10-second review: “Berliner (2001) has argued that not until their fifth year of experience do teachers become ‘proficient’ enough to let their knowledge and intuition guide their teaching….”
Title: “A Longitudinal Study of Consequential Transitions in the Teaching of Literature.” GE Newell, L Tallman and M Letcher. Research in the Teaching of English (August 2009), 89-126. A publication of the National Council of Teachers of English (NCTE).
Summary: This article deals with new teachers and the sometimes conflicting forces that cause them to be shaped as a teacher. Education courses, student teaching, cooperating teachers, English department policy, school policy, “expert” teachers, AP program requirements, etc. all bend them in sometimes different directions.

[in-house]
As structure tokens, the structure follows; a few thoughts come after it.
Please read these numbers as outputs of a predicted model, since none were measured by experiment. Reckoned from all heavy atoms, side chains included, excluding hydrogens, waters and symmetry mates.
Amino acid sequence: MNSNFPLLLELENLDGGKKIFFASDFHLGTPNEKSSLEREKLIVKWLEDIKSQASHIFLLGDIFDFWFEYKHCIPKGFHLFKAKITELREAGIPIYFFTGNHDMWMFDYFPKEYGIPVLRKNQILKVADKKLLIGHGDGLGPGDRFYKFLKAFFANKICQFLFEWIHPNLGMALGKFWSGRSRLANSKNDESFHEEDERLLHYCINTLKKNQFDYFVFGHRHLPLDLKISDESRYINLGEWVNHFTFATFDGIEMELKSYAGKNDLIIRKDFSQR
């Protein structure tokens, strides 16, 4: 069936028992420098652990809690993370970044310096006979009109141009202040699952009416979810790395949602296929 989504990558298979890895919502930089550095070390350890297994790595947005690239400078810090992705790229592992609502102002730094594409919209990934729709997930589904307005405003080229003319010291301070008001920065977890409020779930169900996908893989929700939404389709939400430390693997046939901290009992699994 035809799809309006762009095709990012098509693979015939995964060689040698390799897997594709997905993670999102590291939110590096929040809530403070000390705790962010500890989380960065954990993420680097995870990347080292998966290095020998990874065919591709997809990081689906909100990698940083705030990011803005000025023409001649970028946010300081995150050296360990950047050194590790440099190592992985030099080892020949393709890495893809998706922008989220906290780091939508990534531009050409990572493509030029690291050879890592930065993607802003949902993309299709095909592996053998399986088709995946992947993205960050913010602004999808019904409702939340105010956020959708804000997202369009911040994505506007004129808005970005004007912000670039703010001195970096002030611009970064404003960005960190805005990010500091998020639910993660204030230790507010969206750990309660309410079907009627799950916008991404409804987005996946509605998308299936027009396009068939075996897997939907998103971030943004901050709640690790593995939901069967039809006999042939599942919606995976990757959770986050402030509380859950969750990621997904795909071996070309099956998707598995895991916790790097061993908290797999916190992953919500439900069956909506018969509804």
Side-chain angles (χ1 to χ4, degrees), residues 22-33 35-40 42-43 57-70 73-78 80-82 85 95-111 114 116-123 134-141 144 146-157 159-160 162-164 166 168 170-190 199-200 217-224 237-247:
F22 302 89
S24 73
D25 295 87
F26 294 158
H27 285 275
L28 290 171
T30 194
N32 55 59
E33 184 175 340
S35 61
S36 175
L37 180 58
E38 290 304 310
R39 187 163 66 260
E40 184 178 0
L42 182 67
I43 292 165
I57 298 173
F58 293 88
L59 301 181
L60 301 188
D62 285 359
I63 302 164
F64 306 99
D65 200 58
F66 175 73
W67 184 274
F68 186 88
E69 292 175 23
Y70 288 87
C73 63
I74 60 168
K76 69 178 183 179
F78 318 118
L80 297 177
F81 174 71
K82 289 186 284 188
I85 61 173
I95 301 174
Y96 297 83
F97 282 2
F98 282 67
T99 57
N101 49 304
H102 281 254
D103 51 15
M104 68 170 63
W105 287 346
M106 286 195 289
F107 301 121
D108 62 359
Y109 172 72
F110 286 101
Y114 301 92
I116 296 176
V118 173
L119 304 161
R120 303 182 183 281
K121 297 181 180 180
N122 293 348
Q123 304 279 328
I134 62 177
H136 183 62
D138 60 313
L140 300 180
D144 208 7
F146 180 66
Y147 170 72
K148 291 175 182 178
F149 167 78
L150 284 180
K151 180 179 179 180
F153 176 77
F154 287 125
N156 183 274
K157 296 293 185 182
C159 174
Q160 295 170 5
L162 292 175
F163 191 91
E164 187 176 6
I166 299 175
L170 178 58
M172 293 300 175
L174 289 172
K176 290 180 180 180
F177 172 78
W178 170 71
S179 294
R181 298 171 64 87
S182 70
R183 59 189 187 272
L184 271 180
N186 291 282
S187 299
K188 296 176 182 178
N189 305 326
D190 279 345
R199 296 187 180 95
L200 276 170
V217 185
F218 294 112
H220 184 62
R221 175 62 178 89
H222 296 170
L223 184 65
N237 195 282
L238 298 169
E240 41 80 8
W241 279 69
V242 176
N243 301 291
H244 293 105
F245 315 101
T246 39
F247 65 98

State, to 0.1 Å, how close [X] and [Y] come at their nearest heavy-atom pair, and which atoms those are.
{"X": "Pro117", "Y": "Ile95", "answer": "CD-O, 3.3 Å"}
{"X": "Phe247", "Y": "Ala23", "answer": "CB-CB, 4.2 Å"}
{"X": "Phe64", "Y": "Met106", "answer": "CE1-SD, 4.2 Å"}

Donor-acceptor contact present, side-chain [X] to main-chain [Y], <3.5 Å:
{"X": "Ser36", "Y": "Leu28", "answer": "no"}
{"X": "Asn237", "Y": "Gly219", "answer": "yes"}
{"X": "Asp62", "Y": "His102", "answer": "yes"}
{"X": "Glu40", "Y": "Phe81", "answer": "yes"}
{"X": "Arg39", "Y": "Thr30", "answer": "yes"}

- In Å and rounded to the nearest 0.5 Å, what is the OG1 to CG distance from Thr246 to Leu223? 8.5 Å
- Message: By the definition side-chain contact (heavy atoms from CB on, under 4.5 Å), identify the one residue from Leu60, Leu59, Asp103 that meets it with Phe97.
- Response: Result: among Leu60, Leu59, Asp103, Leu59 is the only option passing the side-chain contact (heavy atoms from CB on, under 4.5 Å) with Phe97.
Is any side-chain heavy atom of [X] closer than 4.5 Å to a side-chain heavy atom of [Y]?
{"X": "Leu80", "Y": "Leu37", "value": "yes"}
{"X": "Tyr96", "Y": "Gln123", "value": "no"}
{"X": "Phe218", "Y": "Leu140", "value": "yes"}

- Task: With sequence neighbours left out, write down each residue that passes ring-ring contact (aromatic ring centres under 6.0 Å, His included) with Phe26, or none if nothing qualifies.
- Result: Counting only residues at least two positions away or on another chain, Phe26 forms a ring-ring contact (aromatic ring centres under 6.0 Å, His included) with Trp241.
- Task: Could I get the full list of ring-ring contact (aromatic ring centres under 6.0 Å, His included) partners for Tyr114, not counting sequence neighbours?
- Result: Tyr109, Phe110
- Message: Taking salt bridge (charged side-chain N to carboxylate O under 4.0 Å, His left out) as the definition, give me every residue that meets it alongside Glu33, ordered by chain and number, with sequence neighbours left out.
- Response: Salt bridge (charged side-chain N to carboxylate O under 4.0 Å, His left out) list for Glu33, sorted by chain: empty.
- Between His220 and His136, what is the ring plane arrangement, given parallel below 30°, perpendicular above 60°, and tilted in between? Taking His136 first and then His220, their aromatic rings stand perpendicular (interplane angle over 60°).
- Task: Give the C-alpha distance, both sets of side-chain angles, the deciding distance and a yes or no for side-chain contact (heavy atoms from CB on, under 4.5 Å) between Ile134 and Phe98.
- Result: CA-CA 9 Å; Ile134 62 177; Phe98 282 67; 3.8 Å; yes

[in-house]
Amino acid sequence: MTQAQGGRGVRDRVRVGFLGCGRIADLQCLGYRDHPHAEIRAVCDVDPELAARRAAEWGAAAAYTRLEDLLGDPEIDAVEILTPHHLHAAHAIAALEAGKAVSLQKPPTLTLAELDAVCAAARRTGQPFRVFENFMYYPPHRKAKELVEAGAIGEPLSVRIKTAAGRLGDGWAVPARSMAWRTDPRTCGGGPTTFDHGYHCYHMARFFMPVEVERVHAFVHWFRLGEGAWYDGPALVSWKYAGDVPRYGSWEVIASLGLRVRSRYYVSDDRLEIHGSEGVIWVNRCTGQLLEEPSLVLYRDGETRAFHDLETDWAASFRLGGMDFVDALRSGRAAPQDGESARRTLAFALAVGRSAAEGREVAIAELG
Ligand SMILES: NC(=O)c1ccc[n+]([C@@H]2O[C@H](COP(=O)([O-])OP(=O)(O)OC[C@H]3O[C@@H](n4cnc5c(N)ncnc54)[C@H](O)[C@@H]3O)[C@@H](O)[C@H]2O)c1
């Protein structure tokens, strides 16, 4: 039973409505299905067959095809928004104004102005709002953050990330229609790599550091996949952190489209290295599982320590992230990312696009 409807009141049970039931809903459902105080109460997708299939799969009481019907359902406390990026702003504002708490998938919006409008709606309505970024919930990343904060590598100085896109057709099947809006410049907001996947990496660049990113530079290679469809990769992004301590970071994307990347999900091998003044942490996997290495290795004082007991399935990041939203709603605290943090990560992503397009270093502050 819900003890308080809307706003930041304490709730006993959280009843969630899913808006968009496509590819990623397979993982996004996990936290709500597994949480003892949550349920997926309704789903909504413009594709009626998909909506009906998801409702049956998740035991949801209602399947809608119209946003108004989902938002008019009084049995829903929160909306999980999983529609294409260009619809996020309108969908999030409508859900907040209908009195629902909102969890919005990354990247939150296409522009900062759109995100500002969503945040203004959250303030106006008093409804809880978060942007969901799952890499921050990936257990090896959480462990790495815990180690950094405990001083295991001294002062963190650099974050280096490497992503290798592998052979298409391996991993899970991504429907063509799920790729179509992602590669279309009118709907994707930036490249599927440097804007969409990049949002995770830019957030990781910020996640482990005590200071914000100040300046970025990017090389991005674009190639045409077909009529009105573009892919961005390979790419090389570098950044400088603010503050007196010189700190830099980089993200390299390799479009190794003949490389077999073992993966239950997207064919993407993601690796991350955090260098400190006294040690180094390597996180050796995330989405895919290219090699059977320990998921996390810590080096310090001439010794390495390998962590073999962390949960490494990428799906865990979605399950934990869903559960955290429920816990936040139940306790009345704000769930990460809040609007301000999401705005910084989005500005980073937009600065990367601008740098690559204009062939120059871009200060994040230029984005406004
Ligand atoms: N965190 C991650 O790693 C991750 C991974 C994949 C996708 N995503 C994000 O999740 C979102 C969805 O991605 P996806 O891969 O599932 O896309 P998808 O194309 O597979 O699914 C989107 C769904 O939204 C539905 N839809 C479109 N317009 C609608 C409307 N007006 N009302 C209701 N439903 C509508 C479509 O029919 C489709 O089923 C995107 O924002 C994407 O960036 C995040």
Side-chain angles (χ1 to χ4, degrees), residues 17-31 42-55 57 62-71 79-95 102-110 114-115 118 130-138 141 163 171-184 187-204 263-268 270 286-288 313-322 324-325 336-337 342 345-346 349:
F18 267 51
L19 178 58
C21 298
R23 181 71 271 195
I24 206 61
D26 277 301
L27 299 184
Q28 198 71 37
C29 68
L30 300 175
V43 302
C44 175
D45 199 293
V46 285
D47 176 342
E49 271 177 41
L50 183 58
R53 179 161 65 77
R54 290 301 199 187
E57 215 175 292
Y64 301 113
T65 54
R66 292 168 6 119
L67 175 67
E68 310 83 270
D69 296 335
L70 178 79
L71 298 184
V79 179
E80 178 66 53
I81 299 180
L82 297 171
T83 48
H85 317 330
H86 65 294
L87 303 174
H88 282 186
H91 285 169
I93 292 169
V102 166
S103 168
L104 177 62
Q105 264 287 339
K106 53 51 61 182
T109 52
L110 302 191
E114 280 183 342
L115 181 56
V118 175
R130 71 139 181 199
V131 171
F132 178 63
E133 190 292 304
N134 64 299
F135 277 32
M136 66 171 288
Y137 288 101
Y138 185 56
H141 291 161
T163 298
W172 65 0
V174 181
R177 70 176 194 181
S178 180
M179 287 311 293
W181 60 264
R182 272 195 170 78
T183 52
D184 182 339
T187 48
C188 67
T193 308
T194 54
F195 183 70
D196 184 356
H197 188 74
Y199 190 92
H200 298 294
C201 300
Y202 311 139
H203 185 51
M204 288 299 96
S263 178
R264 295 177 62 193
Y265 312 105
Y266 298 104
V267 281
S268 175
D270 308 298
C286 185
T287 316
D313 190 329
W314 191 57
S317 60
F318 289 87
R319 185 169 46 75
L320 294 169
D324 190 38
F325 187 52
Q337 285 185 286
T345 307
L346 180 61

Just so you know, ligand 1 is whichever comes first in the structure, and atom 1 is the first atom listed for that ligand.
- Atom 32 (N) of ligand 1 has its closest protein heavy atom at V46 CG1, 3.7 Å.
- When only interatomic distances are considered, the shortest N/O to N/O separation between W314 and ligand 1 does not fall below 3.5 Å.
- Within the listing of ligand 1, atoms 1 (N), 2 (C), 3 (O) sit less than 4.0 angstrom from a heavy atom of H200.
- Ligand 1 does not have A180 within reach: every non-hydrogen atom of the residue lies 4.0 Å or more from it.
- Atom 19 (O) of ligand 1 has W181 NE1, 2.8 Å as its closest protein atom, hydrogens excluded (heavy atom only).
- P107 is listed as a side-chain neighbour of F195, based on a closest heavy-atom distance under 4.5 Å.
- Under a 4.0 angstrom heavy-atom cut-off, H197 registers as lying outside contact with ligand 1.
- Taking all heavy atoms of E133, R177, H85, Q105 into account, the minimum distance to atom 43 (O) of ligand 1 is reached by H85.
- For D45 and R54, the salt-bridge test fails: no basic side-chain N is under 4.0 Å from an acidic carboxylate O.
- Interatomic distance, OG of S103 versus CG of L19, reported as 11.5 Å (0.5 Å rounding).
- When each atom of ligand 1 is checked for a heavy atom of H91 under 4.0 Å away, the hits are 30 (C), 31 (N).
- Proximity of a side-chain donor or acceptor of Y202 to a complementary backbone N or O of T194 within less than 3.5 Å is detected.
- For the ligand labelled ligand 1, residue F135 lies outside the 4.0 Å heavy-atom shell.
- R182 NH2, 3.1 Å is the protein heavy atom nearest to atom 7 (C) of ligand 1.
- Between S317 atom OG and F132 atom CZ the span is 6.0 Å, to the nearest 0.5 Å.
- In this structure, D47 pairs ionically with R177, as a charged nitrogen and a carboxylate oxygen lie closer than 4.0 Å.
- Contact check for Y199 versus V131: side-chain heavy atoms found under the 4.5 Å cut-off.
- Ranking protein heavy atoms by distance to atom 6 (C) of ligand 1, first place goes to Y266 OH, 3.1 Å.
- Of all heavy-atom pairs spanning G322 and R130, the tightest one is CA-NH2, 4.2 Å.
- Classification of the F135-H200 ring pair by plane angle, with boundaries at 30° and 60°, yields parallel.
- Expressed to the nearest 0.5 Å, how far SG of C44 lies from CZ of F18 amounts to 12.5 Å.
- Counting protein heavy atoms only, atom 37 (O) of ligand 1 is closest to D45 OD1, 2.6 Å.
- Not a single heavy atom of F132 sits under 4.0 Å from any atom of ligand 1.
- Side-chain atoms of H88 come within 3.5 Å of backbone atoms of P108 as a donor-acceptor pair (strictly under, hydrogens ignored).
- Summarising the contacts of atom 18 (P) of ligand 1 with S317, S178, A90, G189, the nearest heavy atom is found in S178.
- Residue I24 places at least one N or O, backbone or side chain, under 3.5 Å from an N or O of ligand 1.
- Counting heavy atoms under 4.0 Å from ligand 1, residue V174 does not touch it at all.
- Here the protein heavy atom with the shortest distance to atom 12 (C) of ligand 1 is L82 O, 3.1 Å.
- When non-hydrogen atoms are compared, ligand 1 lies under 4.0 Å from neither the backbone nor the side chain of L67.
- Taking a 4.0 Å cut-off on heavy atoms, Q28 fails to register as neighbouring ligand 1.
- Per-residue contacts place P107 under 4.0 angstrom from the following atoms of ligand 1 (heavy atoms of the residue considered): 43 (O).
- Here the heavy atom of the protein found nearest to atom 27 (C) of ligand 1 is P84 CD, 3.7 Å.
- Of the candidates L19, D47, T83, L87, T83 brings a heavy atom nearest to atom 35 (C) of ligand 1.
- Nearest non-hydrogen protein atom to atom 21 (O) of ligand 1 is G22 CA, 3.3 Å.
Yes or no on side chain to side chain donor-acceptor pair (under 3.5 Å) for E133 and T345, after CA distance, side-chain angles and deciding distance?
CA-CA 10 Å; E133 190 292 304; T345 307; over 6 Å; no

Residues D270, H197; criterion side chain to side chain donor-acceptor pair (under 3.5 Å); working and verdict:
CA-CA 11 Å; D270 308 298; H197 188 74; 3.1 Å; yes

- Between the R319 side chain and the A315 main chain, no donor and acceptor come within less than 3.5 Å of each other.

In literature, this teacher came from her education courses believing in encouraging students’ developing and defending their own interpretations and encountered a focus on common interpretations and correct answers.
This article and research show the forces with which she had to contend. Aside from the complexity of these forces and their effects on the new teacher, the article is not much help in showing the new teacher how to deal with the forces and yet retain and work toward achieving her own goals.
Comment: I suggest that new teachers follow the prevailing practice and then begin small experiments that deviate from the prevailing practice and take steps toward applying their own ideas and put together a program that combines both the prevailing practice and the teacher's own ideas.
My experience with elementary teachers’ using the basal readers showed me that following the basals’ directions helped teachers learn how to teach reading in a systematic manner, but teachers began to deviate from the basal practice as they gained experience from working with it. RayS.